If you’re on your own, like me. Then The easiest way is to sign up for CMP. I randomly found cookiebot.com, no affiliation. But Google has a list of all Consent management platform integrations. I would recommend choosing one of these.
Also, check your website admin, or GTM to see if anything was implemented before. Chances are something was set up already and maybe you can just use that. I can’t advise any further here as whatever you have might be custom-built. The main question for you is can you edit and update what has been done to use Consent Mode V2? If yes, then use what is already built.
How to set up Consent Mode V2 with CMP?
I will use my example, but I would imagine any other CMP has a similar implementation.
After signing up, you will be prompted to configure your cookie banner and add your domain. That’s an easy part. Then you have to declare what information you track.
Cookiebot allows you to scan the website for cookies or add the cookies you want manually.
The beauty of CPMs on the list is that they all have pre-built tags in Google Tag Manager. For example, all I have to do with Cookiebot is to search in the template gallery.
Then, I only need to add Cookiebot ID, which I can find on their website, and add a firing rule – Consent initialization.
There are more settings, which will depend on your needs and personal preferences, but since you might choose a different CMP, I won’t get into this. I’m sure every CMP will have a detailed instruction on how to add a cookie banner and set up GTM.
I only wanted to show you an example, so you know it’s not that hard and does not require any extra knowledge (or a developer).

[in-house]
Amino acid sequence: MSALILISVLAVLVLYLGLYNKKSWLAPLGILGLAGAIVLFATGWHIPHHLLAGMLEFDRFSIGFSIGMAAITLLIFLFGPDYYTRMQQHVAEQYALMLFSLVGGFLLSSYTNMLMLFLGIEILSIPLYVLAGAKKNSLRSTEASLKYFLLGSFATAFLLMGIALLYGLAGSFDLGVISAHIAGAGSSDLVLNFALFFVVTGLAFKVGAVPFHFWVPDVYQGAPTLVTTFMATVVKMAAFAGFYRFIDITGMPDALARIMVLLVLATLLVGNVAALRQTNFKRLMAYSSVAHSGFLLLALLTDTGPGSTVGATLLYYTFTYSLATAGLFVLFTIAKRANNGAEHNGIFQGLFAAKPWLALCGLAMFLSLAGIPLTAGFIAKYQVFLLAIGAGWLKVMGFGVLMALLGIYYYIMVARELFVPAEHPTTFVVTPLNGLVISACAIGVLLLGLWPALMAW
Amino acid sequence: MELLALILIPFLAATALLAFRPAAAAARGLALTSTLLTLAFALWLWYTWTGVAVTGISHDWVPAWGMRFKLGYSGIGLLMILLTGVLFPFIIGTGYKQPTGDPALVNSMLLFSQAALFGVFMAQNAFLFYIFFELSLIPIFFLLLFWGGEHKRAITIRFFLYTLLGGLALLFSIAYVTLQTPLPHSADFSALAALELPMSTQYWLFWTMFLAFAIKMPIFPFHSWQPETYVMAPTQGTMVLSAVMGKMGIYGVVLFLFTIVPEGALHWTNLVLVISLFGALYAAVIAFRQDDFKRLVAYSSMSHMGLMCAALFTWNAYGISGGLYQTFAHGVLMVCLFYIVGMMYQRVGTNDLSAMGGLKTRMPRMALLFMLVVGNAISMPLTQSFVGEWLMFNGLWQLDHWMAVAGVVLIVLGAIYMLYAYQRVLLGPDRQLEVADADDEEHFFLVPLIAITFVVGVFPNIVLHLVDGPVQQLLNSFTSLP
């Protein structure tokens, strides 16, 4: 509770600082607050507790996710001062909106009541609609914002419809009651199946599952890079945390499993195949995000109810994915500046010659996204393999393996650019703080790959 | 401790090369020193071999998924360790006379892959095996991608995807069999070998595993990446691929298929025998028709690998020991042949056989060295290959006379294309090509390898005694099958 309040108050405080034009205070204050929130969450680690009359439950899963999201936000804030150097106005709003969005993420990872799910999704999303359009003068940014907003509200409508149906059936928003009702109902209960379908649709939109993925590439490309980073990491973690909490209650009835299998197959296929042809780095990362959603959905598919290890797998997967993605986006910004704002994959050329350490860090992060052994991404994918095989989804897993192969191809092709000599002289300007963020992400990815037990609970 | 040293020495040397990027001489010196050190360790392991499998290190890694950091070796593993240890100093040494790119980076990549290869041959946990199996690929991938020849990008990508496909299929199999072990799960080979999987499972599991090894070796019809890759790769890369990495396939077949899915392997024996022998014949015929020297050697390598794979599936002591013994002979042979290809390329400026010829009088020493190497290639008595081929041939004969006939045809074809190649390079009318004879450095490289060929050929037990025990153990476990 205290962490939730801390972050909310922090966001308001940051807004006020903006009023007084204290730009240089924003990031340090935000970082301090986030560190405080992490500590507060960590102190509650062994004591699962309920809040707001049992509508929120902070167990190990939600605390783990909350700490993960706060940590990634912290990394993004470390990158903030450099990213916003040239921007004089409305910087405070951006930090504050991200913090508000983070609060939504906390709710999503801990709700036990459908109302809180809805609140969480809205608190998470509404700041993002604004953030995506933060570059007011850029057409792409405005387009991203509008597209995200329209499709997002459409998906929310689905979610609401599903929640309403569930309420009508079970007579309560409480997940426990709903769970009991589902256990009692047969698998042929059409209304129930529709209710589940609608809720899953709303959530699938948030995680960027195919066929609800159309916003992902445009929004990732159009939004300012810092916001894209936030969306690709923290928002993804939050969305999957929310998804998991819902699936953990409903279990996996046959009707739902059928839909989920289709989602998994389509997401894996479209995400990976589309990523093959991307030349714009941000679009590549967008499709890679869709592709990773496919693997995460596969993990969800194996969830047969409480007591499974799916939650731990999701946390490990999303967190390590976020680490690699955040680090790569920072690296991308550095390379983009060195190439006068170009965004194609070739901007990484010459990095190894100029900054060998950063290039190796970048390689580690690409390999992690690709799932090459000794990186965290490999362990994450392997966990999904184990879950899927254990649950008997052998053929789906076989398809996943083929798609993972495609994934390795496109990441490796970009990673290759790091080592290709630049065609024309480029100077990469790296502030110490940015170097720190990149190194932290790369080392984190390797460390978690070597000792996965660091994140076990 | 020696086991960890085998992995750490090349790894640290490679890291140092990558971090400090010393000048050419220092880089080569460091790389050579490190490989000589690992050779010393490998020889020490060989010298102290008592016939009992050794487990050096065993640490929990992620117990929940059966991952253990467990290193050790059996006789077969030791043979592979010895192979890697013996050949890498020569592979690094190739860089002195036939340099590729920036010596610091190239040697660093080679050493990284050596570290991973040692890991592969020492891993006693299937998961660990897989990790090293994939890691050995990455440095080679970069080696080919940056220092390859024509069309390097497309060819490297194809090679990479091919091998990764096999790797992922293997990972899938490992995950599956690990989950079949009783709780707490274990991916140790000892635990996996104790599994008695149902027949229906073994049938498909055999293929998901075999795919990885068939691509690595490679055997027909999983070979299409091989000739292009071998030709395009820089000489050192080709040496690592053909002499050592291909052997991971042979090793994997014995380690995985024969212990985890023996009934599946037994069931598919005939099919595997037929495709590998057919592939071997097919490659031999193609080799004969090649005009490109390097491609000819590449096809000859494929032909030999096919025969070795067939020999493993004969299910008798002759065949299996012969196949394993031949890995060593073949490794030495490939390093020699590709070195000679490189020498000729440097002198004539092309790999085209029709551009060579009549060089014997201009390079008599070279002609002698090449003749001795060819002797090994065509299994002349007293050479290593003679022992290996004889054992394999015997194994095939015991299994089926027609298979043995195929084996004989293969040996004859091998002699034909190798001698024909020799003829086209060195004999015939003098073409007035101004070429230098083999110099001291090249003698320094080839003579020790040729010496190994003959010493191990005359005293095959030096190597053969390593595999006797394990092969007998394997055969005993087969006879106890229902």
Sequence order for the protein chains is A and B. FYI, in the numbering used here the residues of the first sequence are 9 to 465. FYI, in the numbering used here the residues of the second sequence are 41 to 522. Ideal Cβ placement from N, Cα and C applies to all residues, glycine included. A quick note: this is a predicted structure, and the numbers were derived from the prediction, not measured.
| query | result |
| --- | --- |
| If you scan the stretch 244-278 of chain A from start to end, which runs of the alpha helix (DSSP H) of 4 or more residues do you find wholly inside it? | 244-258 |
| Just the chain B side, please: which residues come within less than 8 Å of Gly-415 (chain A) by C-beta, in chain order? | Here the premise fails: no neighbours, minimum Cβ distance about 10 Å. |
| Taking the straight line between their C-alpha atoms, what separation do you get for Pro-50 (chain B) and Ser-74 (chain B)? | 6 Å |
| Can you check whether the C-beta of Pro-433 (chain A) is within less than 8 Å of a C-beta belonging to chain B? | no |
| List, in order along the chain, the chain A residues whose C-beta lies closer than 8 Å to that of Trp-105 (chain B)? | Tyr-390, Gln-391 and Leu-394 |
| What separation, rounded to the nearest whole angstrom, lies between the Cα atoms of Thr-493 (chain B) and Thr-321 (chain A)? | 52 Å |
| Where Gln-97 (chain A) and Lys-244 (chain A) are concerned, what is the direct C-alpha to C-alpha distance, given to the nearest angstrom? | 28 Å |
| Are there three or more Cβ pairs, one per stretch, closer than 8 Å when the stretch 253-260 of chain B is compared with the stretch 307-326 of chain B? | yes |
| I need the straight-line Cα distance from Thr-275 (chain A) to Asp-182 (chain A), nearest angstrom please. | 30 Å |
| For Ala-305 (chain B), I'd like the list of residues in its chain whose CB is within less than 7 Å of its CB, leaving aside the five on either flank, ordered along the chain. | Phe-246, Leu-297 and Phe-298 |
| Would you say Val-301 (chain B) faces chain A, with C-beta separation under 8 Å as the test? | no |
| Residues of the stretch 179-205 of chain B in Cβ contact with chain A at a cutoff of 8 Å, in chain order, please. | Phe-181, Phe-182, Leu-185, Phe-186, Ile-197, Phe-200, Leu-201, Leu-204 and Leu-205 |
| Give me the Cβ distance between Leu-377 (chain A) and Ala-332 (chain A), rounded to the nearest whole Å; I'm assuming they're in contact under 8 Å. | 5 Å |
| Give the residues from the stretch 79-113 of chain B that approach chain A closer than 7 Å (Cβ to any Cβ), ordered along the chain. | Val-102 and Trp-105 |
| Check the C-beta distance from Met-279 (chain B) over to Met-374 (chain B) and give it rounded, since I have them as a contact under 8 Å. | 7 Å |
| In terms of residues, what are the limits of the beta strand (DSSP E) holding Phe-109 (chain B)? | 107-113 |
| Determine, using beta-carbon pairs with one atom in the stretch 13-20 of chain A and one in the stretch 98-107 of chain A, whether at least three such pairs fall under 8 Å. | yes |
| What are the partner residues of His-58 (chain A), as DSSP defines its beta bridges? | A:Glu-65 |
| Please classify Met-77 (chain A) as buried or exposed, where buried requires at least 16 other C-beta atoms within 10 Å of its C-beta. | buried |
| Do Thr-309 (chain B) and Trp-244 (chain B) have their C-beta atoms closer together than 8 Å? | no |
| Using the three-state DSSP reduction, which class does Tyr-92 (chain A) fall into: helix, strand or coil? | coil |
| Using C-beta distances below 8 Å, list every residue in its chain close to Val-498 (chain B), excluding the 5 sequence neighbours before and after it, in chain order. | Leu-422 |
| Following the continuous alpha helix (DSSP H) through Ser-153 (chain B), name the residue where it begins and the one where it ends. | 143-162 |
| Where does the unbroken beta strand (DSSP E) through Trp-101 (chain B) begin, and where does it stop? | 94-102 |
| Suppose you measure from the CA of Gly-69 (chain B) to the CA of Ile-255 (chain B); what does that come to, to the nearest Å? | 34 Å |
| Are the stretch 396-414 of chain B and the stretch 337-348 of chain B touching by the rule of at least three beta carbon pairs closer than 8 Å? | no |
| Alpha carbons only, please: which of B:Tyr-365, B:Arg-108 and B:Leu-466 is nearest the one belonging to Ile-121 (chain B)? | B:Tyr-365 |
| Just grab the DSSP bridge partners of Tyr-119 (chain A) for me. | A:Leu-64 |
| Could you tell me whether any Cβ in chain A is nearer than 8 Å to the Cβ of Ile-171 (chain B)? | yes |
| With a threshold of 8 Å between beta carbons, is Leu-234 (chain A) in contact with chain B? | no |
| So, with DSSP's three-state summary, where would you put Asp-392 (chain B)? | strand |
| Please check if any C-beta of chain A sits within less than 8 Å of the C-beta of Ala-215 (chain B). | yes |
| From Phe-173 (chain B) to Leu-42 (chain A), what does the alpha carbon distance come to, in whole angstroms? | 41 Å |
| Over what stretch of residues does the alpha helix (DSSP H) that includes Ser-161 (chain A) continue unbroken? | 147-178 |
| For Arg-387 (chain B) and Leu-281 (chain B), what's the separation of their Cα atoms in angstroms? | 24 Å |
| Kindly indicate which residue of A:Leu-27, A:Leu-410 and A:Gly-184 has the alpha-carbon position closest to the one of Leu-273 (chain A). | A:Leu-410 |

The bottom line is, that if you have to (or just want to) implement Consent Mode, you should do so as soon as possible.
Do I need Google Consent Mode V2?
Yes. The basic implementation is required after March 2024. Afterward, you can’t send any data if a user has not provided their consent. An exception can be if your website operates in countries outside EEA or some States in the US. But you should double-check each country’s policy on collecting data on the website.
What happens after March 2024?
Honestly, no one can say for sure. With the third-party cookies going away, this year is going to be “interesting”. Probably audience building and remarketing will be impacted if not disabled altogether.
Your data between GA4 and Google ads might not be shared.
Conversion tracking, as Google says, should not be impacted, but are they 100% sure? Time will tell.
If you are using Google products, Consent Mode V2 is a must for you.
What is a consent management platform?
A Consent Management Platform (CMP) is a platform that controls user consent on websites. Through a cookie banner on your website, it controls how your users’ personal information is handled.
Do I have to implement Advanced Consent Mode?
No. You just need to make sure that whatever data you are sending has consent from the user.
Does the Consent Mode V2 apply to all tags?
No. This is more of a Google thing. Other platforms can utilize this but that should be approached individually (and if needed). However, with the changes coming this year I would not be surprised as more companies will try to do similar things. So there is a chance most or all tags eventually will be able to use Consent Mode V2.